Growing up with the name Wylbia ( Pronounced- Will be ah) Juliá, I had dreams of having a more common Puerto Rican name.  Anything would’ve worked.

There were one or two reactions I got whenever someone learned my name. In my teens they would question if I was related to the late actor, Raul Juliá, and for most of my life they would butcher my name in some horrific way.   The Raul Juliá thing I was okay with;  “Sure, I’m related to Raul Juliá,” I would say to anyone who asked because why not give it some cool points.  The butchering and constant having to correct people who either mispronounced it, or worse, turned it into Julia Wylbia was what I couldn’t tolerate: so with all my teenage smarts and ability for logical and critical thinking, I made the decision to change my name.

I approached my Mom with my decision and the reasoning behind it when I was about 15 years old.   The conversation went a little like this:

“Mom, I have decided to change my name.”

“To what?  What are you going to call yourself?”

“Ivonne Vazquez.  It’s my middle name and your maiden name so it’s not a bad change since those are a part of my name anyway.”

“That’s true but did you know your name was going to be Lisa Marie like Elvis’s daughter?  Not because your Papi and me liked Elvis but because I liked the name?”

“How did you go from Lisa Marie to Wylbia?”

“After Lisa Marie we thought about Maria Julia after your two abuelas.”

“And you ended up with Wylbia?????  Where did you get my name?  Did you make it up  What about Juliá, where is that name from since we don’t know any other Juliás?”

Hay mi’ja tu molestas mucho con tus cosas. Cuando tengas 18 años te puedes cambiar el nombre si quieres.” 

Simple translation- I was dismissed as a pest and told I could change my name when I was 18.

My 18thbirthday came and went and I had stopped caring so much about my name and its origins.  A couple of co-workers gave me the nickname Libby and it stuck; I had stopped spelling Juliá with the accent on the ‘a’ and it all really became a non-issue in my young adult mind.  That held true for many years until I had the opportunity to go to Spain in 2003.

I’d heard random mentions of the Spanish and French heritage of the last name Juliá while growing up and it always peaked my curiosity.  I quickly became excited beyond words at the prospect of learning more.  All of a sudden my heritage was important to me again.   I arrived in Madrid, my mind filled with all of the questions I had as a teenager, hopeful that the experience would help me find some answers.  I immediately made friends with our tour guide and asked her if she knew any Juliás or had heard of the last name.  She told me that I might find some answers when we made the trip to Toledo.  In the time in between I enjoyed Madrid, felt at home and wondered what it would be like to move there since it was sort of my home country.  When we finally made the trip to Toledo these are the things I saw from our bus: my last name on a bus and on a restaurant, accent on the ‘a’ and everything.  I was beaming with pride pointing them out for all my tour mates to see.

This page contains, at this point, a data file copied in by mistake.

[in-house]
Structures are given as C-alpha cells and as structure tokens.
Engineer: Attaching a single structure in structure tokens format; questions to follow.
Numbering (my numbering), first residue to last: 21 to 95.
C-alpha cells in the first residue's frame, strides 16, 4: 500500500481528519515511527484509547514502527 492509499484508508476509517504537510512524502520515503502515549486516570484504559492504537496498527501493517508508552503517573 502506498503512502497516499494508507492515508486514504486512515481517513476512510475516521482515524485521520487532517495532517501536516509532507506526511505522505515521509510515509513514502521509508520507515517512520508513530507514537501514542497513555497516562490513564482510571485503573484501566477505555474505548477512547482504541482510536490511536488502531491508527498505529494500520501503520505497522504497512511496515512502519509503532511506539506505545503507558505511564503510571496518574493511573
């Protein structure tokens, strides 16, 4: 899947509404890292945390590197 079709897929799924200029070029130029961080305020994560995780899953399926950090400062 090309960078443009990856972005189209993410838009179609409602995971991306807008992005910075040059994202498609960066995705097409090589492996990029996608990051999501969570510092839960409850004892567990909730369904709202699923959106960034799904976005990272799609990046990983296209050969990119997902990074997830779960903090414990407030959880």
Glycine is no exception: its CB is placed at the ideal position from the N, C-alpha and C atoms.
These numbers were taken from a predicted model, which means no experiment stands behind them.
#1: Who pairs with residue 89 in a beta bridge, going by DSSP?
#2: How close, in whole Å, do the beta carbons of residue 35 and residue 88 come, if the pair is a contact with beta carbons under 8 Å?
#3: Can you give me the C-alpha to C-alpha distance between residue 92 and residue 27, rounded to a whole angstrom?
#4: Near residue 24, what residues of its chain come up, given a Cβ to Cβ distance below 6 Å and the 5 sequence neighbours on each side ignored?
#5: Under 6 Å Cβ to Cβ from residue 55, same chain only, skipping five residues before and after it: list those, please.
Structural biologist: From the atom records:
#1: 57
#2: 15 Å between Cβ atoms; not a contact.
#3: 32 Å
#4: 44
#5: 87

Unfortunately, we didn’t stay in Toledo long enough for me to do any real research.  I was the tour leader and couldn’t stray from the group but to this day it is one of the most poignant moments in my life.  I had the opportunity to see a part of myself in the land of my heritage and I was once again motivated to continue to ask the questions I had given up on so many years before.

The research is not an easy task as I’m often limited by the internet, which interprets every search for Juliá as a search for the first name Julia, but I and my brother, whom I’ve recruited for the mission, will continue on and maybe find more gems like our family crest.  Thankfully these days there are also sites created just for ancestral searches. As for my first name, Wylbia—my guess is that my parents just wanted to rhyme my name with my sisters’ Hypsia and Sylkia though I may never really know.

Whether your last name is as rare as mine or as common as (insert name you think is common here) you can do your own search.  If you’re interested in starting a search to discover your heritage, there are many sites available and most will show you how to get started.  Good luck on finding what’s in your name!

Research Sites:

Family Search

La Genealogia de Puerto Rico




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